Come for the views, stay for the wine

Stone Tower Winery

Photos by Douglas Graham, Wild Light Photos 

Very recently, I had the wonderful fortune to visit one of the most beautiful wineries I’ve ever seen, Stone Tower Winery, in Leesburg. 

Stone Tower Winery is a stunning 300-acre property, located on Hogback Mountain. The locals named the mountain Hogback after its silhouetted resemblance to the spiny ridge of a wild boar. The winery itself derives its name from two turrets situated on an ancient fortress in Belgium, where the father of co-owner Mike Huber (with wife Kristi) worked at a furniture factory as a young man.

To this day, the Huber family is still in the furniture business, as they own the renowned Belfort Furniture. As for the Stone Tower land, Mike and Kristi purchased the 300 acres in the early 2000’s, from an original 1100 acres owned by Mike’s parents.

To get things started, they brought in legendary Virginia ampelographer Lucy Morton who, after an extended period of property and soil analysis, declared the land suitable for growing wine grapes. In 2009, the Huber’s planted 22 acres of vines, and Stone Tower Winery was born.

Over the next few years, viognier and chardonnay would be planted, followed by the Bordeaux red varietals of cabernet sauvignon and franc, merlot and petit verdot.

Their first release was in 2013, under the label Wild Boar. That label still exists today, but the true signature of the Stone Tower wine line-up is its Estate collection, wines that are solely grown, produced and bottled on the property.

The winemaking team is headed by Benoit Pineau, whose impressive resume includes head winemaker stints at Pollack Vineyards, in Greenwood, and First Colony Winery, in Madison. Other team members include enologist Preston Thomas and vineyard manager Daniel Mumbauer.

At its heart and soul, Stone Tower is a family-owned and operated winery, and its purpose is two-fold: to provide impeccable hospitality and world class Virginia wines. I believe that both ambitions are well met.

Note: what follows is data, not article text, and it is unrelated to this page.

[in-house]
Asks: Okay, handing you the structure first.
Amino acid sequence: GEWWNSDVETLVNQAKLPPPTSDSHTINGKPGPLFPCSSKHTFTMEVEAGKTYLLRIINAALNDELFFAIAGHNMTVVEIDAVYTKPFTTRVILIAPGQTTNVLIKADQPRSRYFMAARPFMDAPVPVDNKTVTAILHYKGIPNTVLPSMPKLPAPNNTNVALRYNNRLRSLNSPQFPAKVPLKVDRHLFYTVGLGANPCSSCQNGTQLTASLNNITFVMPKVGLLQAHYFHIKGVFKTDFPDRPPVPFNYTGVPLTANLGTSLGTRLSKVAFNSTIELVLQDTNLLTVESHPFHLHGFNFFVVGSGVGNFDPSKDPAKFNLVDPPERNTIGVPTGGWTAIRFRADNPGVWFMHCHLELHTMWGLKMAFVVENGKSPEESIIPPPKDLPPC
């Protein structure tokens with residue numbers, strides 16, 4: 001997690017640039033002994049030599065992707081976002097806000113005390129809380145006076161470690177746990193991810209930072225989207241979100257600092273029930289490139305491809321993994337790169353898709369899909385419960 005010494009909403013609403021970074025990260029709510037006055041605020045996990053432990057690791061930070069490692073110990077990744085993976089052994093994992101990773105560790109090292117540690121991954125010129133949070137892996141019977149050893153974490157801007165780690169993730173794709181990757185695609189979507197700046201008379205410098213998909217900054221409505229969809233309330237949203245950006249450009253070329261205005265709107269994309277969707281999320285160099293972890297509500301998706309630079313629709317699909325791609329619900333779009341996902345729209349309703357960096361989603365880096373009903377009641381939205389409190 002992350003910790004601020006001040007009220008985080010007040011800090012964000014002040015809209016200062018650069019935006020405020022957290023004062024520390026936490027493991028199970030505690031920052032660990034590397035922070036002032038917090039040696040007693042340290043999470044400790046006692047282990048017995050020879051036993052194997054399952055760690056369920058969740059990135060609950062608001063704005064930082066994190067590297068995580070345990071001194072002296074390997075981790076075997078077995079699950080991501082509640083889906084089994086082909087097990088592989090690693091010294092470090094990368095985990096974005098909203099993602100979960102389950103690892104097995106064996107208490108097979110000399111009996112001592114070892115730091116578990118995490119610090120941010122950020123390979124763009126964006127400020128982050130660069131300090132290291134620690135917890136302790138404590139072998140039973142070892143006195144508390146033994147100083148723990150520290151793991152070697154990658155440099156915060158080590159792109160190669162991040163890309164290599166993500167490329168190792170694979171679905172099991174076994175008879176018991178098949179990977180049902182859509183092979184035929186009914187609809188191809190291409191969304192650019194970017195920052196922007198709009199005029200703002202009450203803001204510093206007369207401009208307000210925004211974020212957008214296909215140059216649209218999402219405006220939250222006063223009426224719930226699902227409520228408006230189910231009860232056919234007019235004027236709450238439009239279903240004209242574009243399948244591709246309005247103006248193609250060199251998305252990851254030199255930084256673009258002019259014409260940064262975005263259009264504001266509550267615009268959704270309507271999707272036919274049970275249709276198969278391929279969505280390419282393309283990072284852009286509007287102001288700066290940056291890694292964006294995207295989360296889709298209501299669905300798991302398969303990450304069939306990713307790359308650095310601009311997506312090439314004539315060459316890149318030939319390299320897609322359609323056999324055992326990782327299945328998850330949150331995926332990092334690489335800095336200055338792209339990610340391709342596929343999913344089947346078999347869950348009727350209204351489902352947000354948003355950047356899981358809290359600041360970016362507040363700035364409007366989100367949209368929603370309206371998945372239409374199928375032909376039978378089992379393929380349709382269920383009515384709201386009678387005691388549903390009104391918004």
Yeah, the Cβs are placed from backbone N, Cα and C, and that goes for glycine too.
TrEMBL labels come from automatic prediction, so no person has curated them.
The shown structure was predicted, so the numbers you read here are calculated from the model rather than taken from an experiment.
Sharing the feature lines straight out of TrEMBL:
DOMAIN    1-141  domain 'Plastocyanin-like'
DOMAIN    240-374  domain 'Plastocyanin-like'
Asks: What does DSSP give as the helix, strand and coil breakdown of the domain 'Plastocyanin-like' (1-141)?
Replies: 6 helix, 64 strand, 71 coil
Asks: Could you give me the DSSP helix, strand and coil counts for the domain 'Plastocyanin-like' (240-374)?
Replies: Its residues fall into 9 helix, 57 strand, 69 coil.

Stone Tower’s wine emulation, at least with the red wine grapes, is Bordeaux; but, Bordeaux is also equally revered for its white wine grape, sauvignon blanc. And with the pursuit of that tradition in the forefront, the Stone Tower Estate Sauvignon Blanc 2017 is a work of art. An electrifying wine, the Estate Sauvignon Blanc 2017 is light gold in color, and aromatic of citrus fruit, flowers and wet stone. Unlike many sauvignon blancs, this wine is fermented and aged for seven months in both new and neutral French oak barrels, as well as concrete vats. And as noted before, as with all their estate wines, this sauvignon blanc is grown, produced and bottled on the property.

Next up is the Estate Chardonnay Library 2016. This is an excellent wine, produced in the spirit of the great central Burgundy (blanc) region, Cote Chalonnaise. Grown on a tiny 3.3-acre block, it’s also barrel fermented and French oak aged. There’s no malolactic fermentation used, meaning the acidity remains well intact, as with all great chardonnays, but there is definitely a roundness and textural integrity to the wine that gives it a beautiful mouthfeel of melon and honey tones. In short, the Estate Chardonnay Library 2016 is elegant and expressive.